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Owen Doyle: Full ramifications of uncontested scrum law an accident waiting to happen

To have anything written into law which reduces a team to 13 for one red card is daft

As we look eastwards towards the terrifying events in Ukraine, we are reminded of everything which is truly important.

Nonetheless, rugby over the weekend gave our worried minds much-needed distraction. It won’t have been so for those people fleeing their homeland, or facing horrific bombardment; it’s not much to offer, but all our thoughts must be with them.

Ireland v Italy. The law can be unfit for purpose, a veritable ass, but the Georgian referee Nika Amashukeli was right, no option. But, to have anything written into law which reduces a team to 13 for one red card is just daft.

This part of the uncontested scrum law has been sitting there for quite a few years, an accident waiting to happen. I can remember well being part of a very vigorous argument against its introduction, but the prevailing view was that it was more important to stop teams cynically contriving uncontested scrums against stronger opposition. And, that anyway, it was unlikely to happen once the ‘down to 13’ law was actually in place. Eh, time to think again.


Having lost starting hooker, Gianmarco Lucchesi, to injury, his replacement, Hame Faiva, was sent off – so, that's down to 14. Then, when the next scrum came along, because Italy were responsible for this phase becoming uncontested, they were obliged to drop another player, and, hey presto, that's 13 – farcical, unfair.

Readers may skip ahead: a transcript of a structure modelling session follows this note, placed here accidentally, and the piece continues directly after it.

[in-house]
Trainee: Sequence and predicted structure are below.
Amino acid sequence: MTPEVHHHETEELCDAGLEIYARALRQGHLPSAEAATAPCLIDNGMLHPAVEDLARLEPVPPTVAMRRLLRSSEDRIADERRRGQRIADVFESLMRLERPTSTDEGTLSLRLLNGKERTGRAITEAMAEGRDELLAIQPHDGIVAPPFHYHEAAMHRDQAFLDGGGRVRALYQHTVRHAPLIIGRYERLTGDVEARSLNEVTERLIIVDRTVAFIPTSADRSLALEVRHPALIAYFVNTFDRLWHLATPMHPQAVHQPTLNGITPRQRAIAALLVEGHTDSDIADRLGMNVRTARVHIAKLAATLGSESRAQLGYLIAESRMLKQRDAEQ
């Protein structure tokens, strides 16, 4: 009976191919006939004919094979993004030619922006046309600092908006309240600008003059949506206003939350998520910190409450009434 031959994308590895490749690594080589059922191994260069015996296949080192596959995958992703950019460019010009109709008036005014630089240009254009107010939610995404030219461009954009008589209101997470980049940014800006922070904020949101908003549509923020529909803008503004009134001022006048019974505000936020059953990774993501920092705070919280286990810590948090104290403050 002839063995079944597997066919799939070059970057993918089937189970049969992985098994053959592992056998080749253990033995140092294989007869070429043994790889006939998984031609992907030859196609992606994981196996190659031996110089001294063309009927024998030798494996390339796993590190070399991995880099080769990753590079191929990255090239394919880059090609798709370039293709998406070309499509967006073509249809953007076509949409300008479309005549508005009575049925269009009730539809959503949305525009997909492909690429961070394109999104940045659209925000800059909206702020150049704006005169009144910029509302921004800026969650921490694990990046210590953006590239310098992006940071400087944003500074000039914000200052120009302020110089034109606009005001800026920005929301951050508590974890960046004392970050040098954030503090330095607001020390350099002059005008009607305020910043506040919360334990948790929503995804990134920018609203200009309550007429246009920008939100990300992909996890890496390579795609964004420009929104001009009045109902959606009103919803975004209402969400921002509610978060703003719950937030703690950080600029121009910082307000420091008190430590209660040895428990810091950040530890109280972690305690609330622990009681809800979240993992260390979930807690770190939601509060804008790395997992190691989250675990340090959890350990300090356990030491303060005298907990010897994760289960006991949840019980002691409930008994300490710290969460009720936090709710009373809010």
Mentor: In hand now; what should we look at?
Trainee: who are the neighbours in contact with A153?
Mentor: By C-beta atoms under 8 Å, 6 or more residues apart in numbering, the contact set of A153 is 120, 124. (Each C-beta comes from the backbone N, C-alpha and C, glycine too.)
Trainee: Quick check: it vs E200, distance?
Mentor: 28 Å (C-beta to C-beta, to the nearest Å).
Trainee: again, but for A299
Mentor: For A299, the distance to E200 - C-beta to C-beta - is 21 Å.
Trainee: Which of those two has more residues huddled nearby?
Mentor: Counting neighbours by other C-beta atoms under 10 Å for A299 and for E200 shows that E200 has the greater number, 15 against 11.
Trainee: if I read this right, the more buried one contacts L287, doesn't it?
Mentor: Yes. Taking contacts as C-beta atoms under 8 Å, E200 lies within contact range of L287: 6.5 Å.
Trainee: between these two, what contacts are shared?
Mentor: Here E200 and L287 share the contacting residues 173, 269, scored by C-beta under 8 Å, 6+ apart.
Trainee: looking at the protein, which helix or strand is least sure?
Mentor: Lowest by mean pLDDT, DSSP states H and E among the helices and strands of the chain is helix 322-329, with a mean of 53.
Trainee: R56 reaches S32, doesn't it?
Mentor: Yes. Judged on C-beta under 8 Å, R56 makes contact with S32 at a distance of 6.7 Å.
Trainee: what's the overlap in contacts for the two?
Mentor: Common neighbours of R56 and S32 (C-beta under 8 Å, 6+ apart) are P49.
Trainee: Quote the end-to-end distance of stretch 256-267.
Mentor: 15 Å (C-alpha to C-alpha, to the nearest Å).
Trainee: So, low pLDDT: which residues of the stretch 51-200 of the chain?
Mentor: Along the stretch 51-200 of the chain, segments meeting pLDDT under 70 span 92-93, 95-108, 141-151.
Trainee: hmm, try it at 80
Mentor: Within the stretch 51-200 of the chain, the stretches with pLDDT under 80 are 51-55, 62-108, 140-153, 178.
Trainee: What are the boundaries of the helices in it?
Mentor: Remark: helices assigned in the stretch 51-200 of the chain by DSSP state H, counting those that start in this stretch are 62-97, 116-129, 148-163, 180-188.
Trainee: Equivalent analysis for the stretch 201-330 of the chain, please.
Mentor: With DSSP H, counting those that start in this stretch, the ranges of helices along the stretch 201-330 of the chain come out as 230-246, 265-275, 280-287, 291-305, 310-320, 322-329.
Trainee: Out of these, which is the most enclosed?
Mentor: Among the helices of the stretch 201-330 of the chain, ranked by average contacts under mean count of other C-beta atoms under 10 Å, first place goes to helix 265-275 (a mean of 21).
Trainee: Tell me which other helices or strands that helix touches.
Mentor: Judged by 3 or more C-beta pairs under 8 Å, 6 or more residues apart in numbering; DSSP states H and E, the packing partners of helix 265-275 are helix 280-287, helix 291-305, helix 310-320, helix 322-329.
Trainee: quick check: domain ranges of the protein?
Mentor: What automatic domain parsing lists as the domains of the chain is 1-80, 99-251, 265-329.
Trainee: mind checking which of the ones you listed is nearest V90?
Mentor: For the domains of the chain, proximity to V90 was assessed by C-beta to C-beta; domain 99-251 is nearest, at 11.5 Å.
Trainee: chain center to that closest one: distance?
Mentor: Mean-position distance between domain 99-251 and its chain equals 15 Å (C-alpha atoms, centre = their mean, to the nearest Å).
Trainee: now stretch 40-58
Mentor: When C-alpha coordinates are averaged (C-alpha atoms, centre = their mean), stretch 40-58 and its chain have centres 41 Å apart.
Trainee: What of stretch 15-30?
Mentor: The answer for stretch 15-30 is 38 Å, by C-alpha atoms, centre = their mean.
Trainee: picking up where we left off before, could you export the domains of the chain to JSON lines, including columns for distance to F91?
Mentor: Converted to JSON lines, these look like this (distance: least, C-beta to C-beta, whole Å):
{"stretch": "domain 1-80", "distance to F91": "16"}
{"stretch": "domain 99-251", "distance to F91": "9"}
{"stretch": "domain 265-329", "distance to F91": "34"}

The only way Italy could have stayed at 13 was if they had another suitably trained and experienced hooker available. For important safety reasons front row positions have become very specialised, so that was never likely to be on the cards.

Amashukeli had a good match, a lesser man, in his first Six Nations outing, might have wilted in the circumstances. With perfect English he is a very well organised referee and we will see a lot more of him.

He could, though, have avoided reducing Italy to 12 players for a deliberate knock-on; but, conversely, another card was necessary for the scything late hit on James Lowe, after he had scored.

France got a few 'soft' penalties by holding their jumper in the air, whereas he must be brought to ground without delay

Murrayfield gave us an exhilarating display by the French, their free-flowing and exciting approach put all of six tries past the hapless Scots. Of course, there was that extraordinary five-minute period, straddling half-time, which impacted events hugely.

Stuart Hogg butchered a nailed on try, just before half-time, and, while he was still cursing his fumbling fingers, Gael Fickou hammered in a try for France, a mighty 14-point swing in fortunes.

Then, things had barely restarted after the break when Jonathan Danty streaked in for yet another try, and the Scots will certainly ask referee Karl Dickson all about this one. France won the ball after it had been lost at the back of a ruck by Ally Price, but it certainly didn't look as if Cameron Woki had rolled away sufficiently to allow Price unfettered possession.

Expansive game plan

Woki was then, in law, out of the game until he got up. But he hadn’t quite done so when he reclaimed the ball, and popped it up for France to launch the scoring attack from their own ‘22’.